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Can camping and comfort go together? Check out these 9 New England spots

Commune with nature and get a good night’s sleep, too, at these cabins and campgrounds around New England.

A Wanderlust “glamp tent” at Sandy Pines.Douglas Merriam

With our Scouting days long gone, we no longer pine for the sense of accomplishment that comes from pitching a tent, building a campfire, and sleeping on the hard ground in a musty sleeping bag. But sometimes we fantasize about withdrawing from the urban hubbub to experience life at its most elemental — squishing a twig-impaled roasted marshmallow between graham crackers or watching the popping sparks of a fire ascend into an inky sky. For people like us who need to press pause on city living but have no inclination to rough it, there are a couple of excellent options.

A company called Getaway tapped some pulsing cultural veins in 2015 when it set up three self-contained, HGTV-worthy tiny structures in the New Hampshire woods. Four years later, 42 modernist Getaway cabins dot 20 acres in Epsom, New Hampshire, just east of Concord and offered them up for nightly rentals.


The tiny houses blend the design DNA of a rustic cabin with the efficiency of a self-contained intergalactic spaceship. The architects anticipated the necessities — LED lighting, an extra-compact shower, a high-tech toilet, a mini-kitchen, and a queen bed with linens, if not a lot of headroom. To avoid temptation, we secure our devices in the handy cellphone lockbox, and now we’re ready to stare off into the woods through the expansive windows and roast hot dogs on sticks while sitting around the fire.

A “camp cottage” cabin at Sandy Pines. Douglas Merriam

Each cabin comes with a few books and games to entertain those of us unable to amuse ourselves without being connected to the Internet. By the seventh round of Yahtzee, though, we decide to give Zen mindfulness a shot. The goal is to stop thinking and start being. Sadly, the play of light through the fluttery, pear-shaped birch leaves, the iridescent green brilliance of mosses and ferns, and the avian chatter ringing through the forest canopy can hold our attention for just so long. After a while, we decide to lace up our boots and explore the area’s rustic roads to see where they lead, taking note of landmarks to retrace our steps. Birds, we realize, would gobble up any trail of bread crumbs.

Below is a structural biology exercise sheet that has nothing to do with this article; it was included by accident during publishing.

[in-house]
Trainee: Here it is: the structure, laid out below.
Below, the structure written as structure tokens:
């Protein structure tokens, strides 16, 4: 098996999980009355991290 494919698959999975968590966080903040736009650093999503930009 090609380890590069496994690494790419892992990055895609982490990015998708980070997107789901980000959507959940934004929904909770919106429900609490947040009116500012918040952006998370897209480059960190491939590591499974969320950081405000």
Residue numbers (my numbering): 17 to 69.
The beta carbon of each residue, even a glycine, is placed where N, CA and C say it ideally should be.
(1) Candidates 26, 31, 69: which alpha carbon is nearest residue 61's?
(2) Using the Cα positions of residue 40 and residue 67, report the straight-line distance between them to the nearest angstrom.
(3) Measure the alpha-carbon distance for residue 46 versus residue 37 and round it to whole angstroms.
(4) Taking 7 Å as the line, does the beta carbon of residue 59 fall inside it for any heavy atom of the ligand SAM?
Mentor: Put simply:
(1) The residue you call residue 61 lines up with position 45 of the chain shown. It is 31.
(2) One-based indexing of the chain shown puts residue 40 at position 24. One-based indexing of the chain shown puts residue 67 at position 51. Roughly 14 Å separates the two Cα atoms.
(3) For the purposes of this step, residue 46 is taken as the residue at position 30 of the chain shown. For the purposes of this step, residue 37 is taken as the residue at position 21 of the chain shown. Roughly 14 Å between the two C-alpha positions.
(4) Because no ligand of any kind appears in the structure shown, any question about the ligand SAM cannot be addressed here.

The posh canvas-sided accommodations of a glamping tent are diametrically opposed to the minimalist monasticism of a Getaway house. We had never thought of camping in designer terms until we checked into Wanderlust, a 430-square-foot “glamp tent” at Sandy Pines Campground in Kennebunkport, Maine. Each of the 16 tents is the creation of a different team of designers. We feel like we are inhabiting one of several showcase homes arrayed in a picture-perfect landscaped village.

All our creature comforts have been anticipated — including campground-wide Wi-Fi. The king-size bed is so plush that we feel like we are sinking into an enormous and deeply feathered bird’s nest. The mini-fridge keeps our stash of sodas chilled and we turn an outdoor beverage cooler into a giant ice bucket for bottles of sauvignon blanc. We don’t need it, but our tent even has an air conditioner. The whimsy of the tent with its antler bedside lamps, leather-seated camp chairs, and faded oriental carpet on the deck beneath the bed feed into our sense of roughing it like a raj — assuming that the raj wouldn’t mind padding to the shared bathhouse in the middle of the night.


A modernist cabin at Getaway. Michelle Watt

Sandy Pines also has several traditional recreational vehicle and tent sites. The social setting of a campground, even one as spacious as Sandy Pines, encourages a sense of community. We could have joined other campers at the heated saltwater pool but instead find ourselves chatting around a toasty fire pit with a mother and daughter from a nearby glamp tent. Alas, since we are camping midweek, we miss the Sunday ice cream buffet. This place is more about action and interaction than solitary introspection. Bikes, kayaks, and paddle boards are available for rent, and pickup games of volleyball, badminton, and bocce reprise summer camp of yore.